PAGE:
According to the Global Shark Tracker developed by the organization Ocearch, there have been an increase in “pings” of tagged Great White Sharks, also known as Carcharodon carcharias parking off the mid-Atlantic coast including the Outer Banks. Ocearch defines a “ping” as any time a tagged shark’s dorsal fin breaks the surface of the water and sends a signal to the to the satellite overhead. “The transmission then sends back an estimated geo-location.”
While the initial inclination might be to avoid the seashore sushi buffet for creatures that can exert a potential bite force of 18,21 newtons, it is relatively rare for white sharks to attack humans so close to the shore. Yet however rare, the frequency of shark bites as specified by Shark Spotters out of New Zealand has increased, with 2015 having the most unprovoked shark attacks ever recorded – 98 in total.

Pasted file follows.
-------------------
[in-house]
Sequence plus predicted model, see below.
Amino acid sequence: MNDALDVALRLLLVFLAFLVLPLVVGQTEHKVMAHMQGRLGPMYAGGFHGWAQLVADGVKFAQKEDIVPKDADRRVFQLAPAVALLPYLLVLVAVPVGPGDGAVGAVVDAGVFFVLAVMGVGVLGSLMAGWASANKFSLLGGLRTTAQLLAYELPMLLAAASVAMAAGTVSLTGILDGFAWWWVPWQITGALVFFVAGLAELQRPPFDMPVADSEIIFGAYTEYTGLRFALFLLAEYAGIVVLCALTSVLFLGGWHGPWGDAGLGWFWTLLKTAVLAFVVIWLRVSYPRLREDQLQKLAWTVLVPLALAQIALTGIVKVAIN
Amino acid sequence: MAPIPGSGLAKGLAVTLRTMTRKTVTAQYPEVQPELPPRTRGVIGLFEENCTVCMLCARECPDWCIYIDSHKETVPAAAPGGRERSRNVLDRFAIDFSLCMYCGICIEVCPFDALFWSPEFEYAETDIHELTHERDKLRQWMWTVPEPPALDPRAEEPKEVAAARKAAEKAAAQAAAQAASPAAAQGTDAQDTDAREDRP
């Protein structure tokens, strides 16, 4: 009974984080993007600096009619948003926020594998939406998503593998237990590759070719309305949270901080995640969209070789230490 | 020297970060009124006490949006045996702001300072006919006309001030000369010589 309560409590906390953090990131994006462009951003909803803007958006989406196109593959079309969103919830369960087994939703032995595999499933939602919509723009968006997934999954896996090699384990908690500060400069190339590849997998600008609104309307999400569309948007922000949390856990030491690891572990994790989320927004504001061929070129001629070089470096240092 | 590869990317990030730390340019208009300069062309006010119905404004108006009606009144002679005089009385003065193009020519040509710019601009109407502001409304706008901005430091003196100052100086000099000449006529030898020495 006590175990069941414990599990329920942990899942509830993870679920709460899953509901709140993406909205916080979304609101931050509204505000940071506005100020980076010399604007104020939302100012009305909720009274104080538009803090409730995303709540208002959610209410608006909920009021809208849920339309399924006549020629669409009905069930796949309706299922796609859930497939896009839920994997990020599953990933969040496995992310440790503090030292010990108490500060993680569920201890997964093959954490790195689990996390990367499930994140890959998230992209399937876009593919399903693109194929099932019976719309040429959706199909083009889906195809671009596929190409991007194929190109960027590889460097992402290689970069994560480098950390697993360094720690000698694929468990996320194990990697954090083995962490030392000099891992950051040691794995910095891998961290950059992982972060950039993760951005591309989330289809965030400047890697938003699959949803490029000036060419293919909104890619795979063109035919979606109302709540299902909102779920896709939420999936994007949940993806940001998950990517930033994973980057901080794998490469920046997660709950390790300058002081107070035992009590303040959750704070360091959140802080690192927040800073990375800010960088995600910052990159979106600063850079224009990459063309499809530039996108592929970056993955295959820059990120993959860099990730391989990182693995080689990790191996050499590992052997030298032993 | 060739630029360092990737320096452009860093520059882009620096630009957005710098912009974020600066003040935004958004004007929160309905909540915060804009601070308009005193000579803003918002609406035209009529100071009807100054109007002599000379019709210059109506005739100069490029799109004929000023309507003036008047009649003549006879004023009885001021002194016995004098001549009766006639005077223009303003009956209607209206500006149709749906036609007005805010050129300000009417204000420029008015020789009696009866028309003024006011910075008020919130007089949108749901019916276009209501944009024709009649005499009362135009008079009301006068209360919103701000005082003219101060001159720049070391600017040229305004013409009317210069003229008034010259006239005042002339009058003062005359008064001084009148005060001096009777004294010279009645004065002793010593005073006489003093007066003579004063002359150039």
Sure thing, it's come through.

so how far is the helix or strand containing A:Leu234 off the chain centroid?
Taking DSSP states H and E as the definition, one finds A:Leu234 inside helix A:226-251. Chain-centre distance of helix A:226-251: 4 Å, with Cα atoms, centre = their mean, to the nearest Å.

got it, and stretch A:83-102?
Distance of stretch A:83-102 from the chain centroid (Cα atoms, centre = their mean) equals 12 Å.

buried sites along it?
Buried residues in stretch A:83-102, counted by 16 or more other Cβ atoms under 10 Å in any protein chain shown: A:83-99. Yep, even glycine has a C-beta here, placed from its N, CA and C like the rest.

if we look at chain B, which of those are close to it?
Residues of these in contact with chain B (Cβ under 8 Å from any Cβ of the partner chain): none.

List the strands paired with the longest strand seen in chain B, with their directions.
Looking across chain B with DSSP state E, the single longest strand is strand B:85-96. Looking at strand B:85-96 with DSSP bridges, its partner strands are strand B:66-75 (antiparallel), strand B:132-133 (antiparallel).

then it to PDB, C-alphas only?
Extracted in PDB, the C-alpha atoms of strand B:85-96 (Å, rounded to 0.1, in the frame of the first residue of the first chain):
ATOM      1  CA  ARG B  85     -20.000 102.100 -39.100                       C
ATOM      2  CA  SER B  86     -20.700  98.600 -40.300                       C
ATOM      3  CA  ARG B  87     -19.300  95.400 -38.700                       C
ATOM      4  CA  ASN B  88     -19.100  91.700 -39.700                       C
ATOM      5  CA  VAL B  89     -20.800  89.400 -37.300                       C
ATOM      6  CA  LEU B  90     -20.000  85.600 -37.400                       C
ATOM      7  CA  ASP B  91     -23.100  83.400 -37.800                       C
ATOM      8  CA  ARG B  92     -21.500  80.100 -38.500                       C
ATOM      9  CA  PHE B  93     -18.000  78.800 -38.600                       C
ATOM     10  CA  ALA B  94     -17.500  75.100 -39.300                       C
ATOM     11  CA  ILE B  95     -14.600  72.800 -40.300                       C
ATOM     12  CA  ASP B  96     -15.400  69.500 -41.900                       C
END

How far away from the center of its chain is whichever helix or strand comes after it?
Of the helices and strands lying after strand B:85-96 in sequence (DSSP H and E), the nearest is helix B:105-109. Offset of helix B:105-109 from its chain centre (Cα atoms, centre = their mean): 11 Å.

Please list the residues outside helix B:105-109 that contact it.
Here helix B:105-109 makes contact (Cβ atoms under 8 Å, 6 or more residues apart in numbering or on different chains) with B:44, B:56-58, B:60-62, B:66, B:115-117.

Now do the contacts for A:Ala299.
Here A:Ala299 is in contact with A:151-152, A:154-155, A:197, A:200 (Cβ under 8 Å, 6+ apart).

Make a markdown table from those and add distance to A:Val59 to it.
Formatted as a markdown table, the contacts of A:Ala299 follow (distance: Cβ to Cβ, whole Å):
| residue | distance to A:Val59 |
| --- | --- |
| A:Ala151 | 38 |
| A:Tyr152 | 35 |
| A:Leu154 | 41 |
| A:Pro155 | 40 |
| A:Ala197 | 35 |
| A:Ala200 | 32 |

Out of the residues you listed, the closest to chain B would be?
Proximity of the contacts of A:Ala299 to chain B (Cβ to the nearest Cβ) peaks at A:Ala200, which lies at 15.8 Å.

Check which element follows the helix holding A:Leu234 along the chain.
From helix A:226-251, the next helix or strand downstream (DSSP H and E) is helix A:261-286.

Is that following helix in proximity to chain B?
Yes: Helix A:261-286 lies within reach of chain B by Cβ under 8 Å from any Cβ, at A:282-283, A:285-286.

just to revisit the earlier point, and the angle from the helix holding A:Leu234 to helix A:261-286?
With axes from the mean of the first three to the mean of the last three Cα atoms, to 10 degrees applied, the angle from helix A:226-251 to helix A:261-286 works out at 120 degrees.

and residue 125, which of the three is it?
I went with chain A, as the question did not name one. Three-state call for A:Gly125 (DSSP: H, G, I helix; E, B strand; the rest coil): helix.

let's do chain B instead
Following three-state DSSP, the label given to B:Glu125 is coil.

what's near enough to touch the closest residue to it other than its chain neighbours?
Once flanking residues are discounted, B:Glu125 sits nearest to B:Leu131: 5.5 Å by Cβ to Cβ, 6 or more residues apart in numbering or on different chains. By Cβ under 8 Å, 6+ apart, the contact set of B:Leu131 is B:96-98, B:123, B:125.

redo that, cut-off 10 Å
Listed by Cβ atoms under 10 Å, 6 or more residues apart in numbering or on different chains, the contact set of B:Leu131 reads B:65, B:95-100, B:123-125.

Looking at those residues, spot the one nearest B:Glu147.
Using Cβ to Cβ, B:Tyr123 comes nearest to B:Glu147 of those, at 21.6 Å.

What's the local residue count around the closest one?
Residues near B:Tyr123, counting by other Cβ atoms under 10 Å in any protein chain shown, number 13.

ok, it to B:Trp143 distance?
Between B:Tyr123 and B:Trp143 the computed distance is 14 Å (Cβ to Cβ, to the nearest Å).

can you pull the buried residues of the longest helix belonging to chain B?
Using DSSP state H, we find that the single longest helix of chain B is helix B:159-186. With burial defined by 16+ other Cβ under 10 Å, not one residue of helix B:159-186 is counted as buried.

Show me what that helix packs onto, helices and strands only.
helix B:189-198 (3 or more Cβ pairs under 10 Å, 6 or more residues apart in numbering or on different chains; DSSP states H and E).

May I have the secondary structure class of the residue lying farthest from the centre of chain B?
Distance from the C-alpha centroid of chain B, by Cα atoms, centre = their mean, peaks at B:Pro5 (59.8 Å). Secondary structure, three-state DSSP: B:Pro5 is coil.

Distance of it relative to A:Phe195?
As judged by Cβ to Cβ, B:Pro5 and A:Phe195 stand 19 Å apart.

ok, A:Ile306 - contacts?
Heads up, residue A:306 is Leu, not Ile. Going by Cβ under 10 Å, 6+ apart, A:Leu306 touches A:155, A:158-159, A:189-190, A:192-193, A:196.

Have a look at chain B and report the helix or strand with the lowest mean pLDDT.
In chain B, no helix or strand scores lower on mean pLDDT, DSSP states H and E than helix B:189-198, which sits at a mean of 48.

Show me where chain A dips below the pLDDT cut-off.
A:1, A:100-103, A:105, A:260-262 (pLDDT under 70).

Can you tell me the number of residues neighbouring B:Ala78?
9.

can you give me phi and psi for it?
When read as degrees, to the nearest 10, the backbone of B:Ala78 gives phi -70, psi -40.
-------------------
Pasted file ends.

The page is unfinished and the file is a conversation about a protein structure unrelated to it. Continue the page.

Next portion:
What is the reason for this increase? Two reasons: People spend more time in the water and collecting data on the prevalence of shark attacks has improved greatly with the International Shark Attack File, maintained by the Florida Museum. North Carolina continues to be one of the premier locations for unprovoked shark attacks with 61 “bites” being recorded since 1935 – spread across eight counties.
In the past thirty days there have been two Great White Sharks pinged off the coast; a male and female, one named Hilton and the other named Savannah. The male weighing in at around 1,300 pounds. Another eight have also been tracked and pinged this year in the vicinity of Virginia and North Carolina. Fear not though, experts in shark migration have said this is the time of the year when the giant fishes relocate north to give birth to their pups – not scouring the coastal regions looking to make short work of unsuspecting tourists.